Blowers, compressors and vacuums come in handy when recovering spillage material that conventional types of equipment are unable to access.
This collected material sometimes are of very high grade making it a profitable undertaking for any mine.
Multistage centrifugal blowers are available in various sizes to provide flows from 1000CFM to 35000CFM and up to 15psi. PD blowers in two-lobe and three-lobe designs are the backbone of the low pressure market place. For instance Hibon PD blowers offer flows from 20CFM to 5500FCM and pressures up to 15psi. Acoustical enclosures are common accessory to the meet sound level requirements.
In addition, to ensure that every particle of precious ore is captured requires a constant and reliable low pressure air solution, PD blowers are used as the air supply to flotation cells and leach tanks.
There are three basic types of air compressors reciprocating, rotary screw and rotary centrifugal. They are further specified by the number of compression stages namely cooling method whether air, water or oil, drive method which can be either motor, engine, steam, etc.) and the type of lubrication thre being a choice of oil, Oil- Free where Oil-Free means no lubricating oil contacts the compressed air and packaged or custom built.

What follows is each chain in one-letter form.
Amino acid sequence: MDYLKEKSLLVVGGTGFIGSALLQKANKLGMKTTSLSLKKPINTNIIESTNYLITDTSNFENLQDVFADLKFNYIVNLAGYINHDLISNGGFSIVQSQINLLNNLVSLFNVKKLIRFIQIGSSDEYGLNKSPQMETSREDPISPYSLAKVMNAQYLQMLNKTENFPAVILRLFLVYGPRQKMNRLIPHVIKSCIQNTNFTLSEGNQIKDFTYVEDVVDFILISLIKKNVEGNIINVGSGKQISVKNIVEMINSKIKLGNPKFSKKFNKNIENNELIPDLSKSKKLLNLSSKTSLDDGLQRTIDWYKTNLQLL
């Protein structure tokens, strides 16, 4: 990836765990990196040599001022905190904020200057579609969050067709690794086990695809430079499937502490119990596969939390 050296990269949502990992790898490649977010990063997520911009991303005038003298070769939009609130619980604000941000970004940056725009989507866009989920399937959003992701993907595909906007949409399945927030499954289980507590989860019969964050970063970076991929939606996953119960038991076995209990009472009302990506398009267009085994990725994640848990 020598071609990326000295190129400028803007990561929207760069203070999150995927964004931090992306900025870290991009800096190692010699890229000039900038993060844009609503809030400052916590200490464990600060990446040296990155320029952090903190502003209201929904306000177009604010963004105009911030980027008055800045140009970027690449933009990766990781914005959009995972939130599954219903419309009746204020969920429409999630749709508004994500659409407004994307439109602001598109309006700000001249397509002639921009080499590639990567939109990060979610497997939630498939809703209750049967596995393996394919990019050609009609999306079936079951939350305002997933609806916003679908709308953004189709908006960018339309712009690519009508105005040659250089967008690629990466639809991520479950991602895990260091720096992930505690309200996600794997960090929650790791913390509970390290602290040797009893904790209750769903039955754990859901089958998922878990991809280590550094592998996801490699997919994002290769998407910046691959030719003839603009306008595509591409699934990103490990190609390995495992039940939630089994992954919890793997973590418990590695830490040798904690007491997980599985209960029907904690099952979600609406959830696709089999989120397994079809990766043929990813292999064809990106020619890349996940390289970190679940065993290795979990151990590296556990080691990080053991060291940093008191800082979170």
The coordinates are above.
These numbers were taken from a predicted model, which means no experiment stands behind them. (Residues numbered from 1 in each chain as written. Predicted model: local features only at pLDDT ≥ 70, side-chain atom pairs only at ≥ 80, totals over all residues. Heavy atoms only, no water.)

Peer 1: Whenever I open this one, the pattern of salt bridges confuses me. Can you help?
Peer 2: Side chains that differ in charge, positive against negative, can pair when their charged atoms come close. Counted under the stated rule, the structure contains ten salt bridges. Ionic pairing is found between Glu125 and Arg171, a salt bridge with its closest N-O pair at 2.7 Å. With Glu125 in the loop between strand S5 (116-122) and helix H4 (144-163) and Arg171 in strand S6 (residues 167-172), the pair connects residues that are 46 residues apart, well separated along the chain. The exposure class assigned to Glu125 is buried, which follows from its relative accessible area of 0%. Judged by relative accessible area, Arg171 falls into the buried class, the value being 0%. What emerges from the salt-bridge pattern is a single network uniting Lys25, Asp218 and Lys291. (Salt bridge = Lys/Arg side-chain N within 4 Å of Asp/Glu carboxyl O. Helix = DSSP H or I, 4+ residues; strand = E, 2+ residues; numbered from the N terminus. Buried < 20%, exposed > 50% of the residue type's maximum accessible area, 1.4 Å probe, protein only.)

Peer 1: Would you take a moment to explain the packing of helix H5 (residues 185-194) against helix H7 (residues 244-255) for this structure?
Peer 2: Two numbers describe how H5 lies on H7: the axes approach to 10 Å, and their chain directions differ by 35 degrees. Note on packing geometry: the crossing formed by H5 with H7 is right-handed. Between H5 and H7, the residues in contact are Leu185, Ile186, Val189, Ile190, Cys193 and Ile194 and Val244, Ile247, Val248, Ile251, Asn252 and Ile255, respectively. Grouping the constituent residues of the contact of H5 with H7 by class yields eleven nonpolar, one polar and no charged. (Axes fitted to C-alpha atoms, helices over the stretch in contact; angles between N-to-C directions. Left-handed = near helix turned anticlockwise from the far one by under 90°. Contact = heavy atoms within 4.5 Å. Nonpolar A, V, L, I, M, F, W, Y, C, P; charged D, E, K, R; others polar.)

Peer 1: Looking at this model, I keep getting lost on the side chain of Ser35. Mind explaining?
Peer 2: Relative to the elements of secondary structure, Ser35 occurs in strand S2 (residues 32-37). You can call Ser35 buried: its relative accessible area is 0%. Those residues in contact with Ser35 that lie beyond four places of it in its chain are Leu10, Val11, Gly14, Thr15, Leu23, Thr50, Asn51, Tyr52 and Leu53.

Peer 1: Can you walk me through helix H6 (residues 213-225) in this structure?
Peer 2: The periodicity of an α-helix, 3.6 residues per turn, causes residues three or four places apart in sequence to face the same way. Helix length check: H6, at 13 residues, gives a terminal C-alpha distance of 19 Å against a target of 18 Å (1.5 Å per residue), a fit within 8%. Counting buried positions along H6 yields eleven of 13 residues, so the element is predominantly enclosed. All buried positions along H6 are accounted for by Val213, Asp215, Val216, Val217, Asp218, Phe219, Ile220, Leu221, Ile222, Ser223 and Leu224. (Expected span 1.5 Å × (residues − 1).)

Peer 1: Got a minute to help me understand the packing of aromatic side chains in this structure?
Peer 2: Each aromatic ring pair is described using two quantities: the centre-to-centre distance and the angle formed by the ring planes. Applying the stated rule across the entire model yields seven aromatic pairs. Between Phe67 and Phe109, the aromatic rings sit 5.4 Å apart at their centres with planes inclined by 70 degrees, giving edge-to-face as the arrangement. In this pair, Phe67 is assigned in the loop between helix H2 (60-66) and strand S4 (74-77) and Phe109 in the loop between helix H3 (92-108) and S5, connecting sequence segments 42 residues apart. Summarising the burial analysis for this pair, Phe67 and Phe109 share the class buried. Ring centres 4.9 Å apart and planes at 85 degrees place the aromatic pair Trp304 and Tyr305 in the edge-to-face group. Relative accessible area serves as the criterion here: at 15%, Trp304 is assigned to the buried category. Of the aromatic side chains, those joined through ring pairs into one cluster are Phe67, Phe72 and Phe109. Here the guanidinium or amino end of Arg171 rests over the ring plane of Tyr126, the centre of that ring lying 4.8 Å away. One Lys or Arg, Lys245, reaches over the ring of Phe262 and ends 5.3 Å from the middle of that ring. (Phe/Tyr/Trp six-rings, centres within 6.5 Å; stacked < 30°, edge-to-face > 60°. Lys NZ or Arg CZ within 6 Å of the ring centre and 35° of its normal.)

Various types of compressor component technologies are available as possible candidates to provide the typical 12-13 psig air pressure required. A universal specification is 100 pounds-per-minute air flow at this pressure. The design of the discharge nozzle at the business end accomplishes this- more on that in a bit.
Factors for selecting any of the technologies hinges on available package size and weight, operating efficiency or power consumption at a particular operating point, noise, durability and cost. Other more subtle factors include the general performance characteristic and stability at a given operating point.
Many people are not aware that heavy duty industrial vacuum technology has been around for many years. It has always been a niche product with very specific uses but in terms of mining these have mostly been for the cleaning of spillages and the recovery of high grade materials.
Generally, moving ore or spillage material is possible by means of several conventional types of equipment such as skid steer loaders and front-end loaders and this equipment can outperform a vacuum unit in terms of tonnage per hour quite easily when the material is accessible. However, as soon as material is in difficult to reach areas such as under low conveyors or in places that the conventional machinery cannot access such as certain shaft bottoms, bucket elevator pits, confined space areas or even tailings dams with plastic linings that risk damage, then you have a situation where vacuums can make a real positive impact.